11. The suspension assembly of claim 10, wherein the torsion member connector defines a lever arm which receives force from one of the wheel arms.
12. The suspension assembly of claim 11, wherein said lever arm has a force distribution characteristic which disproportionately distributes said force to the first torsion member and the second torsion member.
13. A suspension assembly for a vehicle having a frame, the suspension assembly comprising:
a first torsion shaft connectable to the frame of the vehicle;
a second torsion shaft positioned substantially parallel to the first torsion shaft, the second torsion shaft having a plurality of ends;
at least one connector that connects the second torsion shaft to the first torsion shaft; and
a plurality of wheel shafts, each of the wheel shafts connected to one of the ends of the second torsion shaft.
14. The suspension assembly of claim 13, wherein each of the first and second torsion shafts includes a substantially rigid tube, the substantially rigid tube having an inner surface defining a space.
15. The suspension assembly of claim 14, wherein each of the first and second torsion shafts includes a substantially rigid rod positioned within the space of the rigid tube.
16. The suspension assembly of claim 15, wherein each of the first and second torsion shafts includes at least one substantially flexible rod positioned adjacent to the substantially rigid rod within the space of the substantially rigid tube.
17. The suspension assembly of claim 15, wherein each of the first and second torsion shafts includes a plurality of substantially flexible rods positioned around a perimeter of the substantially rigid rod within the space of the substantially rigid tube.
18. The suspension assembly of claim 15, wherein the connector has a plurality of inner walls defining a plurality of spaced-apart openings, each of the inner walls engaged with the substantially rigid rod of one of the first and second torsion shafts.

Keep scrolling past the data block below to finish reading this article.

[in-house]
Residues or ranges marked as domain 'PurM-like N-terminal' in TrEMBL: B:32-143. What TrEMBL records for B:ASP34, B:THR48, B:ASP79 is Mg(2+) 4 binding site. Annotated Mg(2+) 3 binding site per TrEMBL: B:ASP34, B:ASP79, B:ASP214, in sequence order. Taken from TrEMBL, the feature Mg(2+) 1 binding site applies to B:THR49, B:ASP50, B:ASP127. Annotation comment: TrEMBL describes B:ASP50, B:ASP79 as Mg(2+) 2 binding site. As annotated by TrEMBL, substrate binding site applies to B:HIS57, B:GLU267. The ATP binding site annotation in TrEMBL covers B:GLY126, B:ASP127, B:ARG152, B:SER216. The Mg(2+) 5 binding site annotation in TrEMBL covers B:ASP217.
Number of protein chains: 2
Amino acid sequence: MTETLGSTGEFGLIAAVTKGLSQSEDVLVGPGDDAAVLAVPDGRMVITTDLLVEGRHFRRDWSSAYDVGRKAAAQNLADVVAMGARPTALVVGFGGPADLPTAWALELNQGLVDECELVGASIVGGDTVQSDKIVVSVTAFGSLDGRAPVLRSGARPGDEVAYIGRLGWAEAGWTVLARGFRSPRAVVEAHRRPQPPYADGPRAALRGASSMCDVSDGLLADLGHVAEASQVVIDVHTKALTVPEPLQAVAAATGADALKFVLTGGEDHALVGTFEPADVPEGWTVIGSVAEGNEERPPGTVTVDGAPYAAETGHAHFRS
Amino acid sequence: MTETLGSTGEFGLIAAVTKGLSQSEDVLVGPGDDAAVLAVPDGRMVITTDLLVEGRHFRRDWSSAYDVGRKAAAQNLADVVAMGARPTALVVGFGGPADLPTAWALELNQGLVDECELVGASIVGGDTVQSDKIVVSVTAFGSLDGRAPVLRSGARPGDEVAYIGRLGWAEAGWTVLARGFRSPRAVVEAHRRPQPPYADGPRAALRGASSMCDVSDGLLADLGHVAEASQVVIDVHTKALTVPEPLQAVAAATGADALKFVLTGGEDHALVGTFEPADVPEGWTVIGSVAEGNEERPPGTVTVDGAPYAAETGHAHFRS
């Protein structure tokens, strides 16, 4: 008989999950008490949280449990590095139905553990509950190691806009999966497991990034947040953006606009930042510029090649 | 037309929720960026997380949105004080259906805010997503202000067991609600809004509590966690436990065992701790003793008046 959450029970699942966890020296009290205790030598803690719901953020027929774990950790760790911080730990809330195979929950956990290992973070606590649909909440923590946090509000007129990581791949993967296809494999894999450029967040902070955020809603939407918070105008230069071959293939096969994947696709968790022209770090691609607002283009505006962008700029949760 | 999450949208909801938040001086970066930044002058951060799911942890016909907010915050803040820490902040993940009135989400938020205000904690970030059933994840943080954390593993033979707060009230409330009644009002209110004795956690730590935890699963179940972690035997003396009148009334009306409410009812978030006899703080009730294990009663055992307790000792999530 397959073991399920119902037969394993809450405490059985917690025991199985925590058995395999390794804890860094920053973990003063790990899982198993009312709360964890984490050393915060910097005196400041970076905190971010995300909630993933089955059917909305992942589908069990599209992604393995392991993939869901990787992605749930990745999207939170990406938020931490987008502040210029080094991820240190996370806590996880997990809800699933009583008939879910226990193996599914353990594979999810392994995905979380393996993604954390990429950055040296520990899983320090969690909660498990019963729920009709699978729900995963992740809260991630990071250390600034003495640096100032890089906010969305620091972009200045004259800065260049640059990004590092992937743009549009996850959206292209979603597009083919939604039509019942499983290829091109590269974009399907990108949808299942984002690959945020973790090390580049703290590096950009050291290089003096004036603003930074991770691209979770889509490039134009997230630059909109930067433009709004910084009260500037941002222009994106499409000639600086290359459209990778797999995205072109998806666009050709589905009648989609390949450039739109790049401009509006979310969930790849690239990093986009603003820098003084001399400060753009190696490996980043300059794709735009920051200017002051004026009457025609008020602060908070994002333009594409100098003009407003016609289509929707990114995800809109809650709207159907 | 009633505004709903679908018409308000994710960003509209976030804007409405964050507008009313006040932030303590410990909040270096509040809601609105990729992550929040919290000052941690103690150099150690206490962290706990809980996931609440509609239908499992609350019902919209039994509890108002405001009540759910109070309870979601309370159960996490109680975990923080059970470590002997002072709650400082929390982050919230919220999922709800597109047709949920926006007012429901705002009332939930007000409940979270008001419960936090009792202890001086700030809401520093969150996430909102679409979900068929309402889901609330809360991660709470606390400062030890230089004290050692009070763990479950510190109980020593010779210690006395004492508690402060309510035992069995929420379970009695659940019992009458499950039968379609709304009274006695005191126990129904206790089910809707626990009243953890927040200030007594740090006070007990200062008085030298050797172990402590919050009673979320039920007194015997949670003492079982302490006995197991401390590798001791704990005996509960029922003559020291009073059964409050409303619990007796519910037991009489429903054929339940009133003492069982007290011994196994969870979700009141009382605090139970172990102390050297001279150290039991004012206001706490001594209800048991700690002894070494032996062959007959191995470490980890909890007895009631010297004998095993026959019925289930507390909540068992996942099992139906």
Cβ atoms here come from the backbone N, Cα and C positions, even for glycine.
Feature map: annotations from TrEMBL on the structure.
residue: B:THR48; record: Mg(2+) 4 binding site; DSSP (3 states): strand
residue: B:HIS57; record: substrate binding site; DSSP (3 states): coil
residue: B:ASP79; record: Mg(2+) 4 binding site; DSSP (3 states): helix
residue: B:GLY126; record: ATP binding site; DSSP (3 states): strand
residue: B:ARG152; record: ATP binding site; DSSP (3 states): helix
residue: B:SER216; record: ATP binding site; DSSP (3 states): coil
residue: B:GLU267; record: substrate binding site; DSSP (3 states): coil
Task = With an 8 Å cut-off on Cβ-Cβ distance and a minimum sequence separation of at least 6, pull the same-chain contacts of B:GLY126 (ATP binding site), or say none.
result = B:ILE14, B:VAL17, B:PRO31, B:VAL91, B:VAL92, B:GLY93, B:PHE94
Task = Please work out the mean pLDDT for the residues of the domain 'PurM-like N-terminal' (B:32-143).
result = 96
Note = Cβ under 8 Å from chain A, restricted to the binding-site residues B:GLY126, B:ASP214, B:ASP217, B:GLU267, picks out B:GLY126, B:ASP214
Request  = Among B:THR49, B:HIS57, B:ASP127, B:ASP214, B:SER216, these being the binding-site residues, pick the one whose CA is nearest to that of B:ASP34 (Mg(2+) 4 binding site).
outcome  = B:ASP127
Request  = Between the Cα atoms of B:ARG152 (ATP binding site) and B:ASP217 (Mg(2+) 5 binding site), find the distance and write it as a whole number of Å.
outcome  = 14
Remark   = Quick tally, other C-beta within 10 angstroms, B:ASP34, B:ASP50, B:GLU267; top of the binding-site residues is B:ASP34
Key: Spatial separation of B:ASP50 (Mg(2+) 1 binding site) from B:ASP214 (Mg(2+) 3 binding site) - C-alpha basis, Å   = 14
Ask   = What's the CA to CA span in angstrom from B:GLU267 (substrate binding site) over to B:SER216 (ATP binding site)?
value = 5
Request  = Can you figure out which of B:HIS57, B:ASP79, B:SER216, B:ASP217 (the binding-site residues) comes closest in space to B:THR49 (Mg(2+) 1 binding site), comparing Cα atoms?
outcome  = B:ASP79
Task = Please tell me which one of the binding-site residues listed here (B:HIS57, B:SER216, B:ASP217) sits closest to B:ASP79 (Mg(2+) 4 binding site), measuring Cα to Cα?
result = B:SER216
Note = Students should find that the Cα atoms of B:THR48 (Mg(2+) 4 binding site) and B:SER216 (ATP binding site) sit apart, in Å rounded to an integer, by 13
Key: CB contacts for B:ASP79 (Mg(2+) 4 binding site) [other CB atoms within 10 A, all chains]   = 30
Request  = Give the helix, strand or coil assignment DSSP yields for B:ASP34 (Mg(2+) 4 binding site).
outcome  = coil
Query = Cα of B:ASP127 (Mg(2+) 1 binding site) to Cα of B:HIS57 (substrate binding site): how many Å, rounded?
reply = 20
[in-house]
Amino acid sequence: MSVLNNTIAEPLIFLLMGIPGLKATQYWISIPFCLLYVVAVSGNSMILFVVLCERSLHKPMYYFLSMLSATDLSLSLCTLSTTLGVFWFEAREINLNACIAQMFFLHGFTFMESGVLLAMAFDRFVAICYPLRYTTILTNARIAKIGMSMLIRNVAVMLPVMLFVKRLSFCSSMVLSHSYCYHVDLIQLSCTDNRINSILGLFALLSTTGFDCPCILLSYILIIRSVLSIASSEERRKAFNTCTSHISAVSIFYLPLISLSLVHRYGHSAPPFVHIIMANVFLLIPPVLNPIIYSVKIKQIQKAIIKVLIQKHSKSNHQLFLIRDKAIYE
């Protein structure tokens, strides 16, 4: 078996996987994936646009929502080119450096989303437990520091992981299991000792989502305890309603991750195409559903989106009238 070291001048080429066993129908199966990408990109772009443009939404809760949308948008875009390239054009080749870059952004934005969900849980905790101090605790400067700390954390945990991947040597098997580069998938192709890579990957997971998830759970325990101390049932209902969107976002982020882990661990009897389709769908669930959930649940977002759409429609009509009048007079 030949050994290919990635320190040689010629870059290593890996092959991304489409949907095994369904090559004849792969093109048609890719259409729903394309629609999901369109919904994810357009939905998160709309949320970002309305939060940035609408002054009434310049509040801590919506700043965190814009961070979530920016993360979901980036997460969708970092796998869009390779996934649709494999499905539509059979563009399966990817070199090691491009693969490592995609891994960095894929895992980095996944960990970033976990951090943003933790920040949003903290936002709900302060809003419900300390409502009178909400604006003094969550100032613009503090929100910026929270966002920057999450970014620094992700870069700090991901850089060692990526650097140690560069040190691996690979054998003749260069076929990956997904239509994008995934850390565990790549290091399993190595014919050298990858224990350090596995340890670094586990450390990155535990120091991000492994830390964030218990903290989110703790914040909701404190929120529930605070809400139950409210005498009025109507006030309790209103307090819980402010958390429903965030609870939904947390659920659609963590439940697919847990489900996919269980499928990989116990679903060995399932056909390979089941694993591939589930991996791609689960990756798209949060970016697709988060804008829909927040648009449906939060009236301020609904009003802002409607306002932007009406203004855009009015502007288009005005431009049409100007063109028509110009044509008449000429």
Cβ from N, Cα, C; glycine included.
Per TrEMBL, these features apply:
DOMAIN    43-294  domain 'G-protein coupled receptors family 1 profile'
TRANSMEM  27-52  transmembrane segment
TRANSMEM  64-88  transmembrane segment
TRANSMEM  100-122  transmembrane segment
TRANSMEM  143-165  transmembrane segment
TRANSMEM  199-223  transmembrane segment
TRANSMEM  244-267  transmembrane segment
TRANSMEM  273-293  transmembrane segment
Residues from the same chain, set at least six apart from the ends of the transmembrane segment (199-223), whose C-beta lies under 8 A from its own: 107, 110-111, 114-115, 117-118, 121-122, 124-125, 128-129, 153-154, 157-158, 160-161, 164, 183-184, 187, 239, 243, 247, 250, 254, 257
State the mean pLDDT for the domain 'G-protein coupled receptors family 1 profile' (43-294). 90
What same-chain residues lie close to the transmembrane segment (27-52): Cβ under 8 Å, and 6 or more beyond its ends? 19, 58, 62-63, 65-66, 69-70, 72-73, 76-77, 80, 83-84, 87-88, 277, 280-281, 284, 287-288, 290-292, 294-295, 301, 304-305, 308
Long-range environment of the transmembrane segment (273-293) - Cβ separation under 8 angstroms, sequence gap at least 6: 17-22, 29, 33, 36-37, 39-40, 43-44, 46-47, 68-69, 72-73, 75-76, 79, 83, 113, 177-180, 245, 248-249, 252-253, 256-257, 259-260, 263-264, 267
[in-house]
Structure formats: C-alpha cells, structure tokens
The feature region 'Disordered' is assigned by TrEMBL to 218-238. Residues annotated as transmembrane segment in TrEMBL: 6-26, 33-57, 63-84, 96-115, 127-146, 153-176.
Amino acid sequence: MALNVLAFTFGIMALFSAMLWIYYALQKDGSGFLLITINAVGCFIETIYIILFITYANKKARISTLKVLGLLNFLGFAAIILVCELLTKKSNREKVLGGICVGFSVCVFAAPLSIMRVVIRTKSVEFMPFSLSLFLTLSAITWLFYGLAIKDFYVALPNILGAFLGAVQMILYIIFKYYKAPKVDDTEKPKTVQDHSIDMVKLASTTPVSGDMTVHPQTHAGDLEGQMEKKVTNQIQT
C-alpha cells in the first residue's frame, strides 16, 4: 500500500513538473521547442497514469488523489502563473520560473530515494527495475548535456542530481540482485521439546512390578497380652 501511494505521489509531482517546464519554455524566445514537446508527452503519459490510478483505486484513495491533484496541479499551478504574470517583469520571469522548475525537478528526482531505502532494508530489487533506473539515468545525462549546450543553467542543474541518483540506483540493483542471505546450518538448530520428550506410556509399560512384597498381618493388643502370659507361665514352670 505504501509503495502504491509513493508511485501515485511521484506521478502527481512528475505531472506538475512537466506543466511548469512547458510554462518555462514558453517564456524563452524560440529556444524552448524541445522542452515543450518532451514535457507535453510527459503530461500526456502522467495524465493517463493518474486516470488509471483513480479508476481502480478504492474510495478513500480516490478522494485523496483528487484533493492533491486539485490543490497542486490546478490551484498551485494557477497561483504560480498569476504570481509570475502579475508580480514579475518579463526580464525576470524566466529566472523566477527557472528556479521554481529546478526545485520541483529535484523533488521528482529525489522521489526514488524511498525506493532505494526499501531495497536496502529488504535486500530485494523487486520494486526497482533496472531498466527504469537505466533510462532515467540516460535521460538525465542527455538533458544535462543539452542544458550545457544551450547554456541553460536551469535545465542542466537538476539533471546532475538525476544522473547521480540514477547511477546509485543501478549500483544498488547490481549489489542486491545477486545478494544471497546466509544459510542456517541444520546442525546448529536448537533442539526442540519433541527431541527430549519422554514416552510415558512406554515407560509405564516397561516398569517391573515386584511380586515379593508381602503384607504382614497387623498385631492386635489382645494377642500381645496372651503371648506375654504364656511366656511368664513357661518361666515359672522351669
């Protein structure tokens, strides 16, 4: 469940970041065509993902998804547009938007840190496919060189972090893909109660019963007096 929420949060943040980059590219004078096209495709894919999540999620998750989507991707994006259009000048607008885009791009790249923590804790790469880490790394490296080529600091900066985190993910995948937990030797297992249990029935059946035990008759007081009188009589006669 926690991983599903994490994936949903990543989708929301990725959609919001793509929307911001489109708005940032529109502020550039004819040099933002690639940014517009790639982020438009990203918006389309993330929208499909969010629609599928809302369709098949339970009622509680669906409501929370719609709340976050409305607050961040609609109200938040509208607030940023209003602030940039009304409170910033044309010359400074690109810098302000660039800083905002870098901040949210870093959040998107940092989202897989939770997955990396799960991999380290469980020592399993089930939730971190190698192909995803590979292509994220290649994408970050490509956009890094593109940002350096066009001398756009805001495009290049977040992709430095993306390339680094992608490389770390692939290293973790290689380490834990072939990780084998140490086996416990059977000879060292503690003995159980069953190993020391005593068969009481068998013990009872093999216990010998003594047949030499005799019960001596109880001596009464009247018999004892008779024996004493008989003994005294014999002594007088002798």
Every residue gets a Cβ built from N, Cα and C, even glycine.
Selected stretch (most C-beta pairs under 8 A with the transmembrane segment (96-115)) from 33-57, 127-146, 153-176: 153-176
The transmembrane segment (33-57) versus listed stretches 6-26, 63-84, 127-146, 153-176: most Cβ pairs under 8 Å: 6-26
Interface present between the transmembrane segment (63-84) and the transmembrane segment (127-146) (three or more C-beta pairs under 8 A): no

19. A suspension assembly for a vehicle having a frame, the suspension assembly comprising:
a first torsion shaft connectable to the frame of the vehicle;
an axle having a second torsion shaft and a plurality of ends;
at least one connector that connects the second torsion shaft to the first torsion shaft; and
a plurality of wheel shafts, each of the wheel shafts connected to one of the ends of the axle.
20. The suspension assembly of claim 19, wherein each of the first and second torsion shafts includes a substantially rigid tube, the substantially rigid tube having an inner surface defining a space.
21. The suspension assembly of claim 20, wherein each of the first and second torsion shafts includes a substantially rigid rod positioned within the space of the rigid tube.
22. The suspension assembly of claim 21, wherein each of the first and second torsion shafts includes at least one substantially flexible rod positioned adjacent to the substantially rigid rod within the space of the substantially rigid tube.
23. The suspension assembly of claim 21, wherein each of the first and second torsion shafts includes a plurality of substantially flexible rods positioned around a perimeter of the substantially rigid rod within the space of the substantially rigid tube.
24. The suspension assembly of claim 21, wherein the connector has a plurality of inner walls defining a plurality of spaced-apart openings, each of the inner walls engaged with the substantially rigid rod of one of the first and second torsion shafts.
25. A vehicle comprising:
a frame;
a plurality of wheels rotatably coupled to the frame including a first wheel and a second wheel positioned along a common axis;
a first wheel arm operatively coupled to the first wheel;
a second wheel arm operatively coupled to the second wheel;
a first torsion member connected to the frame, the first torsion member positioned along a first axis;
a second torsion member having a first end and a second end positioned along a second different axis, the first end operatively coupled to the first wheel arm, and the second end operatively coupled to the second wheel arm; and